Stylish, roomy and unexpectedly premium, the new Kia Seltos is indisputably excellent. This small crossover is the latest in a long series of hits from the South Korean automaker, a conga line of cars that includes models like the Soul, the Stinger and, most recently, the Telluride three-row SUV.
Putting the screws to rivals like theand the Seltos is a small crossover designed to squeeze between the funky-looking hatchback and slightly larger utility vehicle.
Setting this Kia apart from those models and its primary rivals, the Seltos is intended to be something of an off-roader. Obviously, it's no Jeep Wrangler, but there is some actual substance beneath that tough styling, a bit of steak to go with the sizzle. Ground clearance measures 7.3 inches, the same amount you get in a Honda Pilot. This vehicle's approach and departure angles each clock in at 28 degrees, making it reasonably useful off road. Finally, a nifty all-wheel-drive system with a locking center differential is offered in certain trim levels, which can evenly split torque between the front and rear axles for enhanced traction in slippery, sloppy or otherwise severe conditions. What's not so cool are the front and rear "skid plates." They may look to provide some useful protection, but they're nothing but flimsy plastic.
The Seltos is available in five different grades. Serving base duty is the reasonably priced LX version; stepping up from there you can get an ES model, an S 2.0, S 1.6T or the range-topping SX, which is what I'm testing here. As for pricing, this vehicle kicks off at $23,110 including destination charges, which are $1,120.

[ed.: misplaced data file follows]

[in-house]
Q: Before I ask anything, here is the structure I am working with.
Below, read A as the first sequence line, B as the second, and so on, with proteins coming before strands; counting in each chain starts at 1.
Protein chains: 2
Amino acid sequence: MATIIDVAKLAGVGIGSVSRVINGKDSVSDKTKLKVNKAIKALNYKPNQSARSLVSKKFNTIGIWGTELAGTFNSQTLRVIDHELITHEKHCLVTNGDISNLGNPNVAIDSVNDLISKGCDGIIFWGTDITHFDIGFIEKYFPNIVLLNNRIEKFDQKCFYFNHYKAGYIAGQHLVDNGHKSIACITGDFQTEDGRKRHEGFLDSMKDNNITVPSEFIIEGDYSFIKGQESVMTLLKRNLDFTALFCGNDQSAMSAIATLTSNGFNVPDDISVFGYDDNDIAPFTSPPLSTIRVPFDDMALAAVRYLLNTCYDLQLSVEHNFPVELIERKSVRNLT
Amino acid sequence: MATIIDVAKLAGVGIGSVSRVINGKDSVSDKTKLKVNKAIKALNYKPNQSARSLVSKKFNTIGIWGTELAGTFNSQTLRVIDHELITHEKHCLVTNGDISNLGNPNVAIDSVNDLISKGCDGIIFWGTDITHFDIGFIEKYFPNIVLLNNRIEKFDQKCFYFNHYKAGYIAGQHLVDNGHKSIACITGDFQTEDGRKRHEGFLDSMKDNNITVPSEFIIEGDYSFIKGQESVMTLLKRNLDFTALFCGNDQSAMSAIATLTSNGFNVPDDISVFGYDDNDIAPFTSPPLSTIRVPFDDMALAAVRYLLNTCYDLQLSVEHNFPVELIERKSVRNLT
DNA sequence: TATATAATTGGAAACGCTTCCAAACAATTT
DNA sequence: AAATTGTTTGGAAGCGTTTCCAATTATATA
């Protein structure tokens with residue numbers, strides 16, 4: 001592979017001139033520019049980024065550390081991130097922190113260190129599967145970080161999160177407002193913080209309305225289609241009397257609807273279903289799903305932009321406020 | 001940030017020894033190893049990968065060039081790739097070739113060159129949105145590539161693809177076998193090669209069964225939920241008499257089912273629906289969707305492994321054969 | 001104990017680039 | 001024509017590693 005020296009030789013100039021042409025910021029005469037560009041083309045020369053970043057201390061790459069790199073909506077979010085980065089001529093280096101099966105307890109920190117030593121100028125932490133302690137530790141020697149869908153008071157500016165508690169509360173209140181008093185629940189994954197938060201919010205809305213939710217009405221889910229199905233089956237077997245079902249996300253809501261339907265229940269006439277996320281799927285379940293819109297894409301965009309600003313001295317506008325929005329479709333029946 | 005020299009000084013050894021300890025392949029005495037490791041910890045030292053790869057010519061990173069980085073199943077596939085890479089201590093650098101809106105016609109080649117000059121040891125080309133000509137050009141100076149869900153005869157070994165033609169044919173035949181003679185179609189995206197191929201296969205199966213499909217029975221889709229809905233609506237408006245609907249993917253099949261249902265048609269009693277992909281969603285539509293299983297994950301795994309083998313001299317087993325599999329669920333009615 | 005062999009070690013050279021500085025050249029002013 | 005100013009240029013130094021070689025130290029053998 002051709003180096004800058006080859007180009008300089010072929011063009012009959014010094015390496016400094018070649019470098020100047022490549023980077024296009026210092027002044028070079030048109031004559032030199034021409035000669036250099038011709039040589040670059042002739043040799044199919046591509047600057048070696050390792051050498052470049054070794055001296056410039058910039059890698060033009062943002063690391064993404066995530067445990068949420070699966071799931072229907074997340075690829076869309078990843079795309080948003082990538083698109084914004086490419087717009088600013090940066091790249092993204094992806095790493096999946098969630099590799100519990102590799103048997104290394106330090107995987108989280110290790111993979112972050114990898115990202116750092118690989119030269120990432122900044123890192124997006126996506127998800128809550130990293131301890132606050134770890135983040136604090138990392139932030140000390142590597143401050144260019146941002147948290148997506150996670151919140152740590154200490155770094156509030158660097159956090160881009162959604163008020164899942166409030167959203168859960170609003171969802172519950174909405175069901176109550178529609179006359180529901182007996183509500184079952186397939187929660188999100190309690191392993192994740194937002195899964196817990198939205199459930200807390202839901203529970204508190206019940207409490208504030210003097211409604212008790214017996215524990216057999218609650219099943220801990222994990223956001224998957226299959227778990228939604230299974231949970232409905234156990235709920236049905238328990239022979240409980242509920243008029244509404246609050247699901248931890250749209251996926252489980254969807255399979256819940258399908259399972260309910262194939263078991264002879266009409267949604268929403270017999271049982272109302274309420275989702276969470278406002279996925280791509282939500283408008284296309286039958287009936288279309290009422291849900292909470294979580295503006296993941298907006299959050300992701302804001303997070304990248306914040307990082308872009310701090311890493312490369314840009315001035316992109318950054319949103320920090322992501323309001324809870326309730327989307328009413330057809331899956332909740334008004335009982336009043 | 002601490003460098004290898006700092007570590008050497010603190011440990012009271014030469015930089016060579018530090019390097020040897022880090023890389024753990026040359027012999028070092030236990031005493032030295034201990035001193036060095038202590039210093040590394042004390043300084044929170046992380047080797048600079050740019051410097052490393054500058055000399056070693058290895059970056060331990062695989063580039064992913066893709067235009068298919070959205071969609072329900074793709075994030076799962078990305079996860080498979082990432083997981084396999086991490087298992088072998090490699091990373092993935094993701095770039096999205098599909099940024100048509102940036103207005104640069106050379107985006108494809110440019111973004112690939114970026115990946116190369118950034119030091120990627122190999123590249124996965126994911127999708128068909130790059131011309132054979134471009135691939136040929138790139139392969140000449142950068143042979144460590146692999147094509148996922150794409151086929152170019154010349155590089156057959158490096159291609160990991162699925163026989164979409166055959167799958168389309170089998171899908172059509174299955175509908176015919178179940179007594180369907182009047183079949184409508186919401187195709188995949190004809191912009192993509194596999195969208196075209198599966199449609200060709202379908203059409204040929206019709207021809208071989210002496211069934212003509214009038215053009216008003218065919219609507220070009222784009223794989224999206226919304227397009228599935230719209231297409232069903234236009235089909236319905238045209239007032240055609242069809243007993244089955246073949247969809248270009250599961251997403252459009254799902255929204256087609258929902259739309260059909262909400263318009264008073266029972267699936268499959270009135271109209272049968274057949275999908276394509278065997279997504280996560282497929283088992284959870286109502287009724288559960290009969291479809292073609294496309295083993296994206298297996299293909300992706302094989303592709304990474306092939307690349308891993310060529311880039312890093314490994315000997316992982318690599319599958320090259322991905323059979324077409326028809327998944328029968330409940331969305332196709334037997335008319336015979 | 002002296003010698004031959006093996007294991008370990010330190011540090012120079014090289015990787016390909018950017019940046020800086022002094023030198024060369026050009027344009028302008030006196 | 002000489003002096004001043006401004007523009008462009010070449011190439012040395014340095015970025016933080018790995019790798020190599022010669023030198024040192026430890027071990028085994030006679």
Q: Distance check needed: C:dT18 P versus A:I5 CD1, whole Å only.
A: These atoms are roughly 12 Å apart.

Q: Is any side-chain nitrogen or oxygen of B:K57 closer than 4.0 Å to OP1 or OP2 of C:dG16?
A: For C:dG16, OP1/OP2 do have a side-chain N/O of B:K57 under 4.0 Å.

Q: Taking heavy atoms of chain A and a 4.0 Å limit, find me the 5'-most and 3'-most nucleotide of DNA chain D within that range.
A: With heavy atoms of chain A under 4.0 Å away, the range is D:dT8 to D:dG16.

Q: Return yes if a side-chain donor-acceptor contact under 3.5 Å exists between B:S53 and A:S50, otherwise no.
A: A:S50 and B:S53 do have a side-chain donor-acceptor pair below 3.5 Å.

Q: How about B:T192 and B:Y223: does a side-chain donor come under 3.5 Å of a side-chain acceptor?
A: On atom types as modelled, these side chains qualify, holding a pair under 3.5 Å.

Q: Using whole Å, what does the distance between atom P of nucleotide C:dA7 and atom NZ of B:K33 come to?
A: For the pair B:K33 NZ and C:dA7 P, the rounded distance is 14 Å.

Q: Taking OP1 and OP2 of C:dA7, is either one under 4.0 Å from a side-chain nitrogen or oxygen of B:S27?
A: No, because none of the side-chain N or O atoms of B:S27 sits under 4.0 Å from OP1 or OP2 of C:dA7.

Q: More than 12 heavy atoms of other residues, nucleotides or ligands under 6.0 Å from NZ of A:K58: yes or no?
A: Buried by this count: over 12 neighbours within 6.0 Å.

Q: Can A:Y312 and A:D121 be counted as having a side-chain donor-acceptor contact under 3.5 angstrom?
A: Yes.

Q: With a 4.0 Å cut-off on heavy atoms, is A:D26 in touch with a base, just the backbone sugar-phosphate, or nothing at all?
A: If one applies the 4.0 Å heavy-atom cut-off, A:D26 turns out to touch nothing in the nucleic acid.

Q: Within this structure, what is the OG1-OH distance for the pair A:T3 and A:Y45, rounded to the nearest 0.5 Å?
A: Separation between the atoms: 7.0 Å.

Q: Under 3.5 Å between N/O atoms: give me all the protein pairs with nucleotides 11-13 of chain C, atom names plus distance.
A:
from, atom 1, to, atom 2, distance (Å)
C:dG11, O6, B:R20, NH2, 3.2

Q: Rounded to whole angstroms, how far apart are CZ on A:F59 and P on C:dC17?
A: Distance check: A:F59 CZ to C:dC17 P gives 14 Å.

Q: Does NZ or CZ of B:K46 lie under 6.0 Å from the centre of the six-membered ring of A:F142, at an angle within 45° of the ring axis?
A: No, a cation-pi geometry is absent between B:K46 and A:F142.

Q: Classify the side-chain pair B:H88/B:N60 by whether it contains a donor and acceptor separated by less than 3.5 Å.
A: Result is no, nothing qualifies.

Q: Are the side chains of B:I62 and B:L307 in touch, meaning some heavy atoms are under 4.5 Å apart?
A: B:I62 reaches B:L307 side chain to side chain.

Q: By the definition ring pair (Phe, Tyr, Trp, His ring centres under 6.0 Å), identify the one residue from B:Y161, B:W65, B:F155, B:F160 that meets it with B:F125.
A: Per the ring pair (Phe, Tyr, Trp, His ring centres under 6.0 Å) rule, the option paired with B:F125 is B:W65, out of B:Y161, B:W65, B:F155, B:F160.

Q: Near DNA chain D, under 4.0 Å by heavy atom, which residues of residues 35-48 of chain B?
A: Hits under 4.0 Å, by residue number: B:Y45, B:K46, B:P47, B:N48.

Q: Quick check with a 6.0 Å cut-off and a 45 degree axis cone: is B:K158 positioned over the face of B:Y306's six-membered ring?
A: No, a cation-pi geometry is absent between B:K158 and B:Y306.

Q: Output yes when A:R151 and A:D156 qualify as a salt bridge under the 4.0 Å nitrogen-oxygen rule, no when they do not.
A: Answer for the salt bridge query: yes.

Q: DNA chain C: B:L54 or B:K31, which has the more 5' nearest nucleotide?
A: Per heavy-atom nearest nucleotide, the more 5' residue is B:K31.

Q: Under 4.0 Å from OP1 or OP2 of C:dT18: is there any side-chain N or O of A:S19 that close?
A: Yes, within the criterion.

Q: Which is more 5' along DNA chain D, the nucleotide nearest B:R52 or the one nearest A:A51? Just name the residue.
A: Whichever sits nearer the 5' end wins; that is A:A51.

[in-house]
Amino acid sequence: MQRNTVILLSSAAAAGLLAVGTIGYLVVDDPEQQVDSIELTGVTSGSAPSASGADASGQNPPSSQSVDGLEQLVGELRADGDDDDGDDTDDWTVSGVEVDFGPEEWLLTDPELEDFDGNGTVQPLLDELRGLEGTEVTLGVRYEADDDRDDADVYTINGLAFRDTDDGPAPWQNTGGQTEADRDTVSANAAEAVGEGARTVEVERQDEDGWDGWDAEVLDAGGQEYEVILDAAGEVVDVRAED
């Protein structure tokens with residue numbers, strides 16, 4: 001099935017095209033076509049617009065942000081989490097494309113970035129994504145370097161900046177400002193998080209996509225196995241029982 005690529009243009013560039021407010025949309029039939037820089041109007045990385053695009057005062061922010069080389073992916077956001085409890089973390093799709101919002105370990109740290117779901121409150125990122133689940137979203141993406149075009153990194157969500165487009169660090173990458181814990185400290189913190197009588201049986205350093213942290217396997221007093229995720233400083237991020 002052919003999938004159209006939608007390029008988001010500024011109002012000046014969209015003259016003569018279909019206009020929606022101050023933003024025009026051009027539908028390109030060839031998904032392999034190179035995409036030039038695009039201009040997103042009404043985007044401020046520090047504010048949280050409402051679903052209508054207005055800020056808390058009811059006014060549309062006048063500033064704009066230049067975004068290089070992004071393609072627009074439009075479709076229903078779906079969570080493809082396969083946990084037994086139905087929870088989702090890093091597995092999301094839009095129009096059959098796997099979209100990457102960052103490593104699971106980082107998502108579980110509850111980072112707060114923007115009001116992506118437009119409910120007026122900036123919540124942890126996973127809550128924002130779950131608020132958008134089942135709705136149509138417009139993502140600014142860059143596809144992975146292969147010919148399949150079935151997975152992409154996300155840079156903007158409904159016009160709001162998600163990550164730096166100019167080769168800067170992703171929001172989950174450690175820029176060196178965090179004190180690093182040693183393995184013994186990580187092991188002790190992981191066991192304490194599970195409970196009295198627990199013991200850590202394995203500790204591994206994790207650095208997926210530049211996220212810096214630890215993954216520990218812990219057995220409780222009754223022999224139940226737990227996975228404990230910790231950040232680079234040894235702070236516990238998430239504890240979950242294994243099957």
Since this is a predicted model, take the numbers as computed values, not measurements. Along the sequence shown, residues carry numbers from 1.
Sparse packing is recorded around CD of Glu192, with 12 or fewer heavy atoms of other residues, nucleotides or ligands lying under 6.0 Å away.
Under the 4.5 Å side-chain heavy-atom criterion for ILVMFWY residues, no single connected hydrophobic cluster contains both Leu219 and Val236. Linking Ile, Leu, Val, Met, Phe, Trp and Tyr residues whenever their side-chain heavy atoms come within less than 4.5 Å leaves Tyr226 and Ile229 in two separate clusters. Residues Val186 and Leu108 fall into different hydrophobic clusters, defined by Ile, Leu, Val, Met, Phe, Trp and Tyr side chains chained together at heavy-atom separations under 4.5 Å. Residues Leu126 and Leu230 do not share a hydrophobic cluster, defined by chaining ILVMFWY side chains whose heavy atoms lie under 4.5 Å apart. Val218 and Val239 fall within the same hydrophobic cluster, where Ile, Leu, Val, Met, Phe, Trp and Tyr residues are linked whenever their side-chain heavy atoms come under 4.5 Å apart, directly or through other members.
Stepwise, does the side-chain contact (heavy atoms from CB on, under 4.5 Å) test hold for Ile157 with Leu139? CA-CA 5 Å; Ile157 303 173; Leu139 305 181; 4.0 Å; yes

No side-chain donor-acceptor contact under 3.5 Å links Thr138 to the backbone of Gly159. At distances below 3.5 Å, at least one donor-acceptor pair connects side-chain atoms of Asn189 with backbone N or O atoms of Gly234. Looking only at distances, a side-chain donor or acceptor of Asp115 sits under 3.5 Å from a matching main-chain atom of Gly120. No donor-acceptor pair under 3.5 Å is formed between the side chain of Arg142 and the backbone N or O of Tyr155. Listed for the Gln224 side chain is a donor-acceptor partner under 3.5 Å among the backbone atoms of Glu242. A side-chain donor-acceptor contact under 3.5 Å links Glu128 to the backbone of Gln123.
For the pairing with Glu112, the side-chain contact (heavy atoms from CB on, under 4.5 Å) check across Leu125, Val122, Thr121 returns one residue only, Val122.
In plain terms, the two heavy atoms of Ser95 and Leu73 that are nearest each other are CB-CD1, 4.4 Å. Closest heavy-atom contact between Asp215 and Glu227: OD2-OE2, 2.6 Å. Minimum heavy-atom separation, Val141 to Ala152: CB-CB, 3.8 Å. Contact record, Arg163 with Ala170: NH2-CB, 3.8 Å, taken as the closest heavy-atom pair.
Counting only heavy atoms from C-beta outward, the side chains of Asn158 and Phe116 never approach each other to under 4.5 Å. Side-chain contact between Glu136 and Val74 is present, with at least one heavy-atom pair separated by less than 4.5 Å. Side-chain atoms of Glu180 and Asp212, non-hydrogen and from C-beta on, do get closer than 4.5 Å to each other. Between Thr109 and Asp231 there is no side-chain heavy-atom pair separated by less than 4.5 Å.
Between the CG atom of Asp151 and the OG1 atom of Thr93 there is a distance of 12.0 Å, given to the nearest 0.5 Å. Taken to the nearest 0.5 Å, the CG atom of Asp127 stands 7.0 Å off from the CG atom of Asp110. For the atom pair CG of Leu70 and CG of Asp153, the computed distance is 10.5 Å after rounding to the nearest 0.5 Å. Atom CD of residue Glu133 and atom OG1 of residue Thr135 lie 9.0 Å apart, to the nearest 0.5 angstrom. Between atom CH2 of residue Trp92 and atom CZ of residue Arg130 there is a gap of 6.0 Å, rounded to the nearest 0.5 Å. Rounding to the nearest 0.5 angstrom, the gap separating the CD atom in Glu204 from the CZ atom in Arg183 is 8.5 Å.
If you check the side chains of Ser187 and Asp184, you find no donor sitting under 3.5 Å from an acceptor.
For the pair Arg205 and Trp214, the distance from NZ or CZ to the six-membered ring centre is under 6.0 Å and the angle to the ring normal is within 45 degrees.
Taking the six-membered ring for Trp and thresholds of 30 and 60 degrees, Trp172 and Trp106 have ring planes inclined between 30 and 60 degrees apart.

Kia is killing it with interiors these days, and the Seltos' cabin is another example of that great work. Yes, nearly everything inside is made of hard plastic, but nothing is blatantly cheap. The buttons and switches feel good, there are plenty of interesting textures and build quality is excellent. Nearly all Seltos models come with a leather-wrapped steering wheel and shift knob, though EX and SX versions also feature a wireless charging pad, leatherette seating surfaces and push-button start.
An eight-speaker Bose audio system is standard on top-shelf SX models, ditto for a 10.25-inch, high-resolution touchscreen. All other versions of the Seltos come with an 8-inch display, though no matter the model, Apple CarPlay and Android Auto are included.
The Seltos has a wheelbase of 103.5 inches and an overall length of 172 inches. That makes it about the same size as a Honda HR-V or Nissan Kicks. These dimensions provide generous interior space. With the rear seats up, you get just shy 27 cubic feet of junk-hauling capacity; fold 'em down and that figure grows to nearly 63 cubic feet, which is just about as much as in a Chevy Equinox.
As with the cargo hold, this vehicle's back seat is huge, with plenty of room for legs and heads. Front or rear, 6-foot-tall folks should have no trouble fitting in the Seltos.
By now you may be asking yourself, "What does Seltos mean?" Kia says it's named after Celtus, the son of Heracles in Greek mythology. But there's nothing valiant about what's under this crossover's hood. The base engine is a naturally aspirated, 2.0-liter four-cylinder, good for a relatively dismal 146 horsepower and 132 pound-feet of torque, matched with a continuously variable transmission. What you'll really want is the up-level, 1.6-liter turbo. This force-fed dynamo delivers a more livable 175 hp, but more importantly, torque tops out at 195 lb-ft. Making the most of that output is a seven-speed, dual-clutch transmission.